Punctuation mark taken as decimal point by mistake (NER)

We would like to pre-annotate sentences for an NER task. Thereby the following JSON fails to read:

{"text": "Um fast 15 Prozent abwärts ging es mit F5.", "spans": [{"start": 39, "end": 41, "label": "MISC"}]}

The example can only be loaded after changing 41 to 42 - but the entity should be "F5" rather than "F5.". Reason seems to be the digit ("5") preceding the ".". Does someone know how to fix this behaviour?

Could you share the command that you're using? I'm assuming you're using a command that loads a spaCy pipeline to handle the tokenisation.

I'm guessing right now that the tokenizer is a bit confused because it's assuming that 5. is referring to a decimal number. This could be fixed with a custom tokeniser, but I'd like to reproduce the issue locally first.

The command to launch prodigy was...

prodigy ner.manual NER_Test blank:de f5.jsonl --label ORG,PER,LOC,MISC

with the example entry stored in f5.jsonl

Gotya! Yeah this seems to be an issue by the tokenizer. Here's what spaCy does under the hood.

import spacy

nlp = spacy.blank("de")

[t for t in nlp("Um fast 15 Prozent abwärts ging es mit F5.")]
# [Um, fast, 15, Prozent, abwärts, ging, es, mit, F5.]

It fails to split the "5" and the ".".

Fix #1

There are a few ways to go about handling this. One method could be to create a tokenizer that contains a special case. I could adapt the guide found here to your case.

from spacy.symbols import ORTH

special_case = [{ORTH: "F5"}, {ORTH: "."}]
nlp.tokenizer.add_special_case("F5.", special_case)

[t for t in nlp("Um fast 15 Prozent abwärts ging es mit F5.")]
# [Um, fast, 15, Prozent, abwärts, ging, es, mit, F5, .]

I could save this tokenizer locally.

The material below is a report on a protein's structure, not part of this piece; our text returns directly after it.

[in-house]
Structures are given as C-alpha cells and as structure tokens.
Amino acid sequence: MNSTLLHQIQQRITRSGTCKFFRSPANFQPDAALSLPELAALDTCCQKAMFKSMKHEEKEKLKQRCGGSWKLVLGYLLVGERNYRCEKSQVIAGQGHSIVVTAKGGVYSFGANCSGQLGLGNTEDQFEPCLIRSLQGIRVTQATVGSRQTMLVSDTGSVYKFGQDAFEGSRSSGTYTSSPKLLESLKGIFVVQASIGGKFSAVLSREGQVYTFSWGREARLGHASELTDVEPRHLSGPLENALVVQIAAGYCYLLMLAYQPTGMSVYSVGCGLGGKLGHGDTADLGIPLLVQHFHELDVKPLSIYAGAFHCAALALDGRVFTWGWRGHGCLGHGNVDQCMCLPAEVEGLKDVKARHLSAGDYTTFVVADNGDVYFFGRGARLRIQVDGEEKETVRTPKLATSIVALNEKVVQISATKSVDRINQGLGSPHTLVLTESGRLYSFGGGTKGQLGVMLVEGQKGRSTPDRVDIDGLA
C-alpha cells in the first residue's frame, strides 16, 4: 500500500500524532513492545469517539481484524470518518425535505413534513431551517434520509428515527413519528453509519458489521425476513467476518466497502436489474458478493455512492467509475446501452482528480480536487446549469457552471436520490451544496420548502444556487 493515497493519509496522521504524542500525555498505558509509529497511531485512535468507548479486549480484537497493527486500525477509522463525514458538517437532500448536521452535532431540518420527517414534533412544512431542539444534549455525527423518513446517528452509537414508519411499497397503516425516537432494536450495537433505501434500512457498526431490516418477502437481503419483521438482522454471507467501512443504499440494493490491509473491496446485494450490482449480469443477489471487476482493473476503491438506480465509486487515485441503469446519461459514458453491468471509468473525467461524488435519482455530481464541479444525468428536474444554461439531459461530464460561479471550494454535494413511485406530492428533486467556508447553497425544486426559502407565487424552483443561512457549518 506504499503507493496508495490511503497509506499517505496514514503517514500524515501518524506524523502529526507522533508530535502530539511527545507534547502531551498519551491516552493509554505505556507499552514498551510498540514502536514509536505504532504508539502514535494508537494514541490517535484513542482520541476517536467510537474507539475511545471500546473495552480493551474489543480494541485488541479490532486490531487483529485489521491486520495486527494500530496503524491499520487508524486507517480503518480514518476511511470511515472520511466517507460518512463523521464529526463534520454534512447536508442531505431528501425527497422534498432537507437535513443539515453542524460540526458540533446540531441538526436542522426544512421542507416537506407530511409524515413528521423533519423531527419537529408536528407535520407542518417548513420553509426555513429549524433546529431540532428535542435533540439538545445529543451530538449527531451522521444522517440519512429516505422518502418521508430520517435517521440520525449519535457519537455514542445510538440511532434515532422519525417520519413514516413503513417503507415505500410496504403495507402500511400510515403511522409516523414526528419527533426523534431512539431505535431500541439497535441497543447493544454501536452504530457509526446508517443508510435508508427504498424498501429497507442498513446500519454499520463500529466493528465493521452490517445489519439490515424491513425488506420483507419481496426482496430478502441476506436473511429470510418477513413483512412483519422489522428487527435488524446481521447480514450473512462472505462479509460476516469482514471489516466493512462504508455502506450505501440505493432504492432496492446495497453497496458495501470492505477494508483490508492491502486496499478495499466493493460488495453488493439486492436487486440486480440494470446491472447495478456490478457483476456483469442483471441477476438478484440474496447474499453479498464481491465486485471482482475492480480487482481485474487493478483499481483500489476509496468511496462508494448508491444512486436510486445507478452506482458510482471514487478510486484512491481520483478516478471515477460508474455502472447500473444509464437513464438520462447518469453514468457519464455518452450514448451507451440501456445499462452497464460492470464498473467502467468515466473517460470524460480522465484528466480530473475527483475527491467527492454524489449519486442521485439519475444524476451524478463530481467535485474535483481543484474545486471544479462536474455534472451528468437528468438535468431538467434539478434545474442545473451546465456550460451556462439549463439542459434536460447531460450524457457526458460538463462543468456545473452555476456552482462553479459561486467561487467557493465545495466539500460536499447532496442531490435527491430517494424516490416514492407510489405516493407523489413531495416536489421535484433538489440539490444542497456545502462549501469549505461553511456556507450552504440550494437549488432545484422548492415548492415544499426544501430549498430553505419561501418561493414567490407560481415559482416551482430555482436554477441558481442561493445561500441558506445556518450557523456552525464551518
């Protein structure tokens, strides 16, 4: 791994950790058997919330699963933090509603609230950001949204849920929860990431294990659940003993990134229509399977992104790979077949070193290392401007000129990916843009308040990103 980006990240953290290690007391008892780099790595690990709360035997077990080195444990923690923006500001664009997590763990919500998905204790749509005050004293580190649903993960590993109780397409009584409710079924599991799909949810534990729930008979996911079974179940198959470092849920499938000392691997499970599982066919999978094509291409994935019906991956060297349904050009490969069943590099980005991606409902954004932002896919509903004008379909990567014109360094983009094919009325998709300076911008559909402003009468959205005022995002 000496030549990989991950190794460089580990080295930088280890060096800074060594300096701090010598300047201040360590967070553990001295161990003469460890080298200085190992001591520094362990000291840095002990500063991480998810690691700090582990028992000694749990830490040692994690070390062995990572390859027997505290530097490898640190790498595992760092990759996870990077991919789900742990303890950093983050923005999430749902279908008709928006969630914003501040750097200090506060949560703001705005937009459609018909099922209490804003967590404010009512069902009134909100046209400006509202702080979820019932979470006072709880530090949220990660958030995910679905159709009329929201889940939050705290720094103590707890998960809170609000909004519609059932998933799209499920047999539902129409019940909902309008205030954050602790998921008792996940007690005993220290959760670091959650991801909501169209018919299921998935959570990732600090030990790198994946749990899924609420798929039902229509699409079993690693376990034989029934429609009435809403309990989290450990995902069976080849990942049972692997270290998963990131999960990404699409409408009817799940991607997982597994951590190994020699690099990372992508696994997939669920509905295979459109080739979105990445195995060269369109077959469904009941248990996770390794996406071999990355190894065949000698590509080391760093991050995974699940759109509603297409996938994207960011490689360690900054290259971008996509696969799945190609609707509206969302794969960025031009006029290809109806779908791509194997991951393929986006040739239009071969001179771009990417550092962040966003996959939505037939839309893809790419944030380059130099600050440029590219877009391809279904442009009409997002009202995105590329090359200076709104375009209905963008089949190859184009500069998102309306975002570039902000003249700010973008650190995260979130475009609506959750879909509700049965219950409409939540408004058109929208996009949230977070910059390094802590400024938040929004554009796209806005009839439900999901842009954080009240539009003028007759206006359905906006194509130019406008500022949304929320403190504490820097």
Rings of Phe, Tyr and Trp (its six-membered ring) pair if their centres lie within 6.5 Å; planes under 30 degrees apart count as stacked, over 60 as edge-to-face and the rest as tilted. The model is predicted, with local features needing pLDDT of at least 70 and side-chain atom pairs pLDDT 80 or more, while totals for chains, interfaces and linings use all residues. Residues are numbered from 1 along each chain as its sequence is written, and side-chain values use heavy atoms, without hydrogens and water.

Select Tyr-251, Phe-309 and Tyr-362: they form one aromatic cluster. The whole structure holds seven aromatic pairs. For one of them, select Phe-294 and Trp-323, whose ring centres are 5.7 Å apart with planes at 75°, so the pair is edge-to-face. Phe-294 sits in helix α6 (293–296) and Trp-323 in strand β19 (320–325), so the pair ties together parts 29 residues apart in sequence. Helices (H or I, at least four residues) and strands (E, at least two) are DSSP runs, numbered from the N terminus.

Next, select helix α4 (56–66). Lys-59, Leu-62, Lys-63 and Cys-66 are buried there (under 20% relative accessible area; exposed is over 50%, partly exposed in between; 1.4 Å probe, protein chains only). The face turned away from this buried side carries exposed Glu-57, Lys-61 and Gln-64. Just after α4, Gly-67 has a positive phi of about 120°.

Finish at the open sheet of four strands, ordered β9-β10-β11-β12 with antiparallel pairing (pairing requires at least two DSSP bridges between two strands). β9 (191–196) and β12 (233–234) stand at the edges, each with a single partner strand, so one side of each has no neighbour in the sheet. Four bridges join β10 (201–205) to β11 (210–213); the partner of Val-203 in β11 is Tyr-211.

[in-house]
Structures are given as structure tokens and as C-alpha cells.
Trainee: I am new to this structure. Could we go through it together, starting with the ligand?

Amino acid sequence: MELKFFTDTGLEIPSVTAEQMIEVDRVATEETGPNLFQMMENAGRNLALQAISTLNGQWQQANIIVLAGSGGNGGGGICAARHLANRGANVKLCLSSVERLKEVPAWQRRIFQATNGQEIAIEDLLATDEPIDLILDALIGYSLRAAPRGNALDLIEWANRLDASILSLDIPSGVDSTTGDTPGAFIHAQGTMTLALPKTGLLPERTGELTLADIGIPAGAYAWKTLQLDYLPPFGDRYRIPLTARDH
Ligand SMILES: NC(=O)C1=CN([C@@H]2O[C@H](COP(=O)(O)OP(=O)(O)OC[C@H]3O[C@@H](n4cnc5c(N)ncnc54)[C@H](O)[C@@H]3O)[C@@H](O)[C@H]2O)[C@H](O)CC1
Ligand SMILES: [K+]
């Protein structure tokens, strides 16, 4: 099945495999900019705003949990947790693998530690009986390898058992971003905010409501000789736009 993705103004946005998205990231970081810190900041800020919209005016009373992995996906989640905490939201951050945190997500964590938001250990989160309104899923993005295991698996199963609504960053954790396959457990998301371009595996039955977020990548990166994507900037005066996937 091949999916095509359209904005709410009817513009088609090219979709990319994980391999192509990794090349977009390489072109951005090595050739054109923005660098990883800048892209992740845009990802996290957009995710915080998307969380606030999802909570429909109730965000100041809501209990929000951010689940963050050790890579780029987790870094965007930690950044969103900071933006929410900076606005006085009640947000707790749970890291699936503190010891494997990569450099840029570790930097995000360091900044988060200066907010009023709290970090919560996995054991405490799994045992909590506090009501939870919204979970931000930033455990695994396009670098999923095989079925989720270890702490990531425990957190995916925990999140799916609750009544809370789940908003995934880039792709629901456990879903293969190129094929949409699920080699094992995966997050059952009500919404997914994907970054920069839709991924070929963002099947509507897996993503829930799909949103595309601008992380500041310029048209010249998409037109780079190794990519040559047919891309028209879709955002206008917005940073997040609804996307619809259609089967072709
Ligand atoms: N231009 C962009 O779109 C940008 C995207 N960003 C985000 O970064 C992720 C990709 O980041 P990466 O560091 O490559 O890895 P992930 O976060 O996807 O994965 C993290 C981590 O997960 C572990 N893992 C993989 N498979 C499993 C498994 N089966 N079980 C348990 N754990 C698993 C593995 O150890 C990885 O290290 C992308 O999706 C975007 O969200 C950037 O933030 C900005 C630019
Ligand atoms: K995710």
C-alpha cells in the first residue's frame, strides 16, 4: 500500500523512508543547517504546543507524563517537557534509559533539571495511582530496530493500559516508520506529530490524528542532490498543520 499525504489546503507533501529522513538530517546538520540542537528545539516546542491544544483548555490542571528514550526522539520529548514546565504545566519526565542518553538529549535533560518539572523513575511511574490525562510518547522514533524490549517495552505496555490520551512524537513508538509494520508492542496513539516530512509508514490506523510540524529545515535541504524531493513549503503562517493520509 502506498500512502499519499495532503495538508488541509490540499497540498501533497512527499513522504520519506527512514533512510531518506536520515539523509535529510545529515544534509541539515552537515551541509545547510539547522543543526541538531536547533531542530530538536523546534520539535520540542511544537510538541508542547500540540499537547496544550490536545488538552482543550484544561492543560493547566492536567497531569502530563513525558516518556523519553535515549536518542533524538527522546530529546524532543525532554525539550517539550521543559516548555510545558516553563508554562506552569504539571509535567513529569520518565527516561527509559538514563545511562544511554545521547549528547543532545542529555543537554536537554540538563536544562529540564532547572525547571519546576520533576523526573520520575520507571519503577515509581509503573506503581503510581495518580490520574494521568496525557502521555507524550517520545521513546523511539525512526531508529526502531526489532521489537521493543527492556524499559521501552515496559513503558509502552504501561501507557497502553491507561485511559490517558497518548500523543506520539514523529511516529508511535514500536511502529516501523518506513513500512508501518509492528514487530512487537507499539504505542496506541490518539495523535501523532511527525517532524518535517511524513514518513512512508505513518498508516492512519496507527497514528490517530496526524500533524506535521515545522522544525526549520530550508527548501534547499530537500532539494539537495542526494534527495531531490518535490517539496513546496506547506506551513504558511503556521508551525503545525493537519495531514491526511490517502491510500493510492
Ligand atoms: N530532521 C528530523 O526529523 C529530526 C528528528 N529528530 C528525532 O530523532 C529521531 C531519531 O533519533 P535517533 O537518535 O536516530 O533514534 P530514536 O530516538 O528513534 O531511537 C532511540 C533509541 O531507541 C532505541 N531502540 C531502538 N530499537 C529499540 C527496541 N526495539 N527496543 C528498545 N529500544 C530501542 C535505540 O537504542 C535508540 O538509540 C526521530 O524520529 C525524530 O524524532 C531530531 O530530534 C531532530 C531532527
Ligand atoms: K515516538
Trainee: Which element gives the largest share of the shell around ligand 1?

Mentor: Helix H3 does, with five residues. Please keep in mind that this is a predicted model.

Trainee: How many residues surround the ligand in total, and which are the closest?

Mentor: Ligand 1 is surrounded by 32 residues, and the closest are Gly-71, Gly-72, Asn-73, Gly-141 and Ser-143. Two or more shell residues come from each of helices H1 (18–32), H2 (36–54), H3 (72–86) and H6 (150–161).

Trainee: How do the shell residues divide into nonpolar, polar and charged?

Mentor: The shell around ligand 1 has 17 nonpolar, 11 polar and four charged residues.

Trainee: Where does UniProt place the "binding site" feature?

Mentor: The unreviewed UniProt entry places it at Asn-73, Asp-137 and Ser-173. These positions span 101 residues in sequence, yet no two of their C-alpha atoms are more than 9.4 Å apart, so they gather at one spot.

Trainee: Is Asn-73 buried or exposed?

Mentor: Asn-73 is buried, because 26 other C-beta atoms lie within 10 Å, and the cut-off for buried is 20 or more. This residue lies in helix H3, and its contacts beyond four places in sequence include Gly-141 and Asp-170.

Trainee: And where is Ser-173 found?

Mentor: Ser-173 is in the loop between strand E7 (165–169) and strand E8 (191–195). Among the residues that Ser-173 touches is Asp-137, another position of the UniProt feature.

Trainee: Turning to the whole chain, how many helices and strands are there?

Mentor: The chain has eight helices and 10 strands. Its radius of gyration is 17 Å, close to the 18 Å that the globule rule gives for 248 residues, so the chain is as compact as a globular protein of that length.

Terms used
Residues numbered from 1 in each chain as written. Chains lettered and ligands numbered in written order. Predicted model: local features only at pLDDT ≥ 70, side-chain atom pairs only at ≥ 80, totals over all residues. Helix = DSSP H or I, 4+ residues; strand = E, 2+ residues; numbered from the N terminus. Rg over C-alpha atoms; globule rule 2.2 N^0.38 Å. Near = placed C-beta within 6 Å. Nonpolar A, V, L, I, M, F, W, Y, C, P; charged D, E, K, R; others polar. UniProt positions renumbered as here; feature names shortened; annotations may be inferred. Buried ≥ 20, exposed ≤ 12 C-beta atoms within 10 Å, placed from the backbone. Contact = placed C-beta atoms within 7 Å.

nlp.to_disk("de_special")

And now, I can refer to this stored nlp model.

prodigy ner.manual NER_Test de_special f5.jsonl --label ORG,PER,LOC,MISC

This seems to run without errors on my machine.

Fix #2

This would work for this one instance, but I can imagine that it may fail again in another example. So instead it might be an option to write your own custom tokenizer. I'll copy the example on the docs below.

import spacy
from spacy.tokens import Doc

class WhitespaceTokenizer:
    def __init__(self, vocab):
        self.vocab = vocab

    def __call__(self, text):
        words = text.split(" ")
        spaces = [True] * len(words)
        # Avoid zero-length tokens
        for i, word in enumerate(words):
            if word == "":
                words[i] = " "
                spaces[i] = False
        # Remove the final trailing space
        if words[-1] == " ":
            words = words[0:-1]
            spaces = spaces[0:-1]
        else:
           spaces[-1] = False

        return Doc(self.vocab, words=words, spaces=spaces)

nlp = spacy.blank("de")
nlp.tokenizer = WhitespaceTokenizer(nlp.vocab)
nlp.to_disk("de_custom")

The example, as-is, doesn't fix your issue. But it does demonstrate a class that you can change however you see fit. This should give you the most flexibility because you could implement your own code with custom regexes/rules. It would be more work, but it would give you the most "general" solution.

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Many thanks Vincent for your detailed and helpful answer! Sounds good to apply Fix#1 immediately and start working on Fix#2.

A colleague of mine suggested that another alternative might also work for you. You might also customise the suffix_search of a Tokenizer, as explained here. This might allow you to only change a small part of a pre-existing tokeniser.

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